Free translation from a talk of the Rebbe, 11 Nissan, 5741 (1981), (excerpt)

Gratitude requires reciprocity

The concept of gratitude exists when a person has received something good and recognizes it fully; it so permeates his being that he’s moved to express it verbally – at length, and in great detail, commensurate to the goodness he has received. Of course, first of all, one must thank the Source of Blessings, G‑d Himself.

A fundamental principle in gratitude, in addition to the verbal expression of thanks, or, even better, an expression of thanks through action, if one reciprocates a good deed with another, and if possible, in double measure…

But there is another fundamental point which is also based on a point of Jewish law. As discussed many times, everything, even mundane things such as business and the like, are based upon, and we should look for their parallel in, Torah. And then one discovers that it is no mere parallel, but Torah is the spiritual origin of its earthly counterpart. Torah states: “G‑d created nothing in His world without purpose.”

How is this reflected in man’s responsibility to G‑d? It’s not enough to serve G‑d; rather, you must serve Him to the best of your abilities.

When G‑d gives a person another year of life, and more decades of life, until the ultimate – years, it is a wealth that endows him with the privilege to offer the sacrifice of a “wealthy” man compared with the “pauper’s sacrifice” that he offered beforehand.

This is true concerning an individual, how much more so for a community, and all the more so with regard to an entire country.

The United States is a large country, and is one which is called a superpower.

There are some here who declare, “We have saved ourselves,” advocating that this country isolate itself and view what happens in the outside world with apathy, “It’s someone else’s problem.” Or those who are believers will dismiss it as “G‑d’s problem”… Regardless, to give of our money and might in order to repair the world, that is not our concern.

But G‑d has granted the United States the ability to influence the entire world. – Granted, not all at once, but gradually.

But various responses and excuses are given to this. The first is, “Gird yourself first.” Once he corrects all the problems in his own environment, then he’ll handle the issues in his city and country. Then he’ll start to consider how to correct problems in other countries, unless there is a foreign threat forcing us to be involved. But this approach exhibits a lack of gratitude.

With privilege comes responsibility

When G‑d grants power and abilities, and one fails to utilize them as he should, it is the opposite of G‑d’s will, for “G‑d did not create even one detail in His world in vain.” When G‑d grants power, and one doesn’t use it to bring positive benefit to the world as G‑d – the Ultimate Good, Who naturally desires to do good – desires, then he upsets the balance of creation, where not one thing was created without purpose.

On the contrary, G‑d created it in a way that it demonstrates His might, as we recite: “You, G‑d, are forever mighty,” and “You are Master over all your creations.” G‑d’s might can be seen within the world, such that His presence can be felt so tangibly that one can point at it with his finger. We can relate to G‑d directly, with simple faith in Him, as though we can see Him with our eyes of flesh.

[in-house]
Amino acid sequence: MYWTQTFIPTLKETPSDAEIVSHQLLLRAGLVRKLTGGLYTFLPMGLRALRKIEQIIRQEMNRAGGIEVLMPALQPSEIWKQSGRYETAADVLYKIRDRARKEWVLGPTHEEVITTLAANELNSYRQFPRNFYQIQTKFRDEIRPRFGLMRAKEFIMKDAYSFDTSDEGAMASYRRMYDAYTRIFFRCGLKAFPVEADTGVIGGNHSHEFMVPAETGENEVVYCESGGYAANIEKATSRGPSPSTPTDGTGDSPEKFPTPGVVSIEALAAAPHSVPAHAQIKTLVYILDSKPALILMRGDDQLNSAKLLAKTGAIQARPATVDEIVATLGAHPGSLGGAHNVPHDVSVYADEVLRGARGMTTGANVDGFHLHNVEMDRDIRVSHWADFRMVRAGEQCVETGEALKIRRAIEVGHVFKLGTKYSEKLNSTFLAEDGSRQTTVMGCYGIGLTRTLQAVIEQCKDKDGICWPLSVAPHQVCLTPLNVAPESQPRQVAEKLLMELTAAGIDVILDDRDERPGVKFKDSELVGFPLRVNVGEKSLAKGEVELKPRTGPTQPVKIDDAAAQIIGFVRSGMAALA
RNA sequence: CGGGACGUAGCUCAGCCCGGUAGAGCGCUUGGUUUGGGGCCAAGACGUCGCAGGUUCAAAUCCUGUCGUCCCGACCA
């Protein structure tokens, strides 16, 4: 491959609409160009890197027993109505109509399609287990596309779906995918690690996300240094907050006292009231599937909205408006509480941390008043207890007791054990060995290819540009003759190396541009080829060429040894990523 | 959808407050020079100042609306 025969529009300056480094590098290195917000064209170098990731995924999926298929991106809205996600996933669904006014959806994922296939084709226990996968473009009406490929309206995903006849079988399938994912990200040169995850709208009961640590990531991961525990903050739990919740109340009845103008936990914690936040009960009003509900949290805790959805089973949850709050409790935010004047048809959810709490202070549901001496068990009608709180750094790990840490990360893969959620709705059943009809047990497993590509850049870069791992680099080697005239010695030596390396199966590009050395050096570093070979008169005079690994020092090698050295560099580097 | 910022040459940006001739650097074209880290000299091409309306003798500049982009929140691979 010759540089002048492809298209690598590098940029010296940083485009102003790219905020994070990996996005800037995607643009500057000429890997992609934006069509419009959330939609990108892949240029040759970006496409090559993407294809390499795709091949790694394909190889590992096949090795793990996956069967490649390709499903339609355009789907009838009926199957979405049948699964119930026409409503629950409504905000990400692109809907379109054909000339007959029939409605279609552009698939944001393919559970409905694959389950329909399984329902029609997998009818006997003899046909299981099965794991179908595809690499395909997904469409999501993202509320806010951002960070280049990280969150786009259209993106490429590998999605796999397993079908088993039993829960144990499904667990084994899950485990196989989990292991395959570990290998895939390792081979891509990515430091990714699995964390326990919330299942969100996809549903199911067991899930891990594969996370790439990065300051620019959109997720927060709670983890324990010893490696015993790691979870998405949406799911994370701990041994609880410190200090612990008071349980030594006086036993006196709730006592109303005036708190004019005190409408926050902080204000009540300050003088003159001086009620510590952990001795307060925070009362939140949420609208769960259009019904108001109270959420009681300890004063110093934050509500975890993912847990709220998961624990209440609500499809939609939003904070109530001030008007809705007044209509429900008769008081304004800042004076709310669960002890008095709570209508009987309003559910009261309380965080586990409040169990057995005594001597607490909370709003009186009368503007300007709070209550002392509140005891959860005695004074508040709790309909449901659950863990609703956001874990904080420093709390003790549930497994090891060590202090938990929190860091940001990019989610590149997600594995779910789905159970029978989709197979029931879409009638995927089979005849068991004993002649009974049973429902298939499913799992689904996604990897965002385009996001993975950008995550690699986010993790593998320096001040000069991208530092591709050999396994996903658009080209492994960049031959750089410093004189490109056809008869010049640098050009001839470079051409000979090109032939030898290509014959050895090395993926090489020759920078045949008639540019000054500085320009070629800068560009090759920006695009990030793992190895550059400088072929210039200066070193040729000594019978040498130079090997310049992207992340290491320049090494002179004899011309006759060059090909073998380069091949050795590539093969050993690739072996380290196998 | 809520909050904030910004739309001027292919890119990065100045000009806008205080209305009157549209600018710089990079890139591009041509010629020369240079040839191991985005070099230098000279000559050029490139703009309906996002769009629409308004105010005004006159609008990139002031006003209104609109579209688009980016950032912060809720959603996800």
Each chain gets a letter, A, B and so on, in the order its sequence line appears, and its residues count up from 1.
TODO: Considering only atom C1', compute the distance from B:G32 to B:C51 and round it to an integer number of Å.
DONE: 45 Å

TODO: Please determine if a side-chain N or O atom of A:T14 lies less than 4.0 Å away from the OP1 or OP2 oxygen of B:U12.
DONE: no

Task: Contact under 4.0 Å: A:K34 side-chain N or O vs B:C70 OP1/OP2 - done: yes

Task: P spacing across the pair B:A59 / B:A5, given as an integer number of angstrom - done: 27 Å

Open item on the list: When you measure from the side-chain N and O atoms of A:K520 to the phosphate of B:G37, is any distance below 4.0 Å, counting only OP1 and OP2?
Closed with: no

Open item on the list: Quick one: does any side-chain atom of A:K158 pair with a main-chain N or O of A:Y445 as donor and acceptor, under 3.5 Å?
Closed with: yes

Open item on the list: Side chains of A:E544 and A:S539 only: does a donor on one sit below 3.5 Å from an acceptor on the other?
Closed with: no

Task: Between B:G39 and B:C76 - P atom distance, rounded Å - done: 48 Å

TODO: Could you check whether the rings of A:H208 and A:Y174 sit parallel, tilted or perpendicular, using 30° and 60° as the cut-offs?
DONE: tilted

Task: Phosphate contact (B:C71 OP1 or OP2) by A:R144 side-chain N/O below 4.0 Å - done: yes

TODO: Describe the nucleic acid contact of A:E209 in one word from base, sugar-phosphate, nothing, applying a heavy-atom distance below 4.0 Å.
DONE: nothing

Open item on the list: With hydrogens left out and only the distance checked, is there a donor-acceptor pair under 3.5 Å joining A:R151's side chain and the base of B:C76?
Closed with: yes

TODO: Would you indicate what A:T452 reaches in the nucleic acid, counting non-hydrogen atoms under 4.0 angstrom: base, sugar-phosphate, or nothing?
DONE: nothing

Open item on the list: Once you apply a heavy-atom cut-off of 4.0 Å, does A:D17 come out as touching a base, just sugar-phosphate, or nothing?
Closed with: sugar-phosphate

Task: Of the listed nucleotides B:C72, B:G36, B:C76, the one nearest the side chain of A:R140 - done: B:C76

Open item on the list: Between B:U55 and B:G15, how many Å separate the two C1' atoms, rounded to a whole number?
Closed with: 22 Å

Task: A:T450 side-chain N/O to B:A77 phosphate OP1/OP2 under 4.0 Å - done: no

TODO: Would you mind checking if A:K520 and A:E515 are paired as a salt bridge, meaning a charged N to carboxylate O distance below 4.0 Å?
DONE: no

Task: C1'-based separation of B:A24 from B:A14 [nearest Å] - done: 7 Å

So this nation has the privilege and the responsibility to do its utmost, using its resources to promote true peace in the world, and true peace in the world must be based on faith in G‑d, Whose name is “Peace.” Although temporarily, in order to reach peace, one may need to speak harshly, still, there’s no doubt that if the strong words are intended for the sake of true goodness and peace, there will be no unjust or undesirable outcome from it.

This approach is consistent with the teachings of our Torah, the Torah of Life, which provides instruction in life; moreover, it is also a Torah of Truth, which reveals the Truth of G‑d as it is found within the world.

This is the truth related to “repairing the world,” to prepare the entire world “To serve G‑d together of one accord.”

Applying the principle in the daily life of each individual

This is true of the country as a whole. And, as discussed earlier, it is also true of each individual, in particular for Jews, who are “a wise and understanding nation,” and for whom Torah is “our life, and the length of our days” – for every single Jew.

G‑d’s blessing of “wealth” must be utilized in all its forms: wealth in the simple sense, financial prosperity; or wealth of influence upon one’s environment, one’s community, and country; or wealth of emotional sensitivity – which is particularly relevant in the education of boys and girls, for emotional sensitivity is more relevant to pedagogy than intellectual excellence.

Likewise, and much more so, those who possess intellectual wealth must use it to the maximum.

Indeed, to “constantly rise in matters of holiness” is a concept in Jewish law, but the ultimate fulfillment of law is through “bringing it into action,” applying the principle in daily life.

Yes, first it should be expressed in your thoughts. Then it must become manifest in speech, so that everyone will hear and learn from your example. But then – and this is the main thing – it must become manifest in action, in one’s behavior, both toward G‑d and one’s fellow man.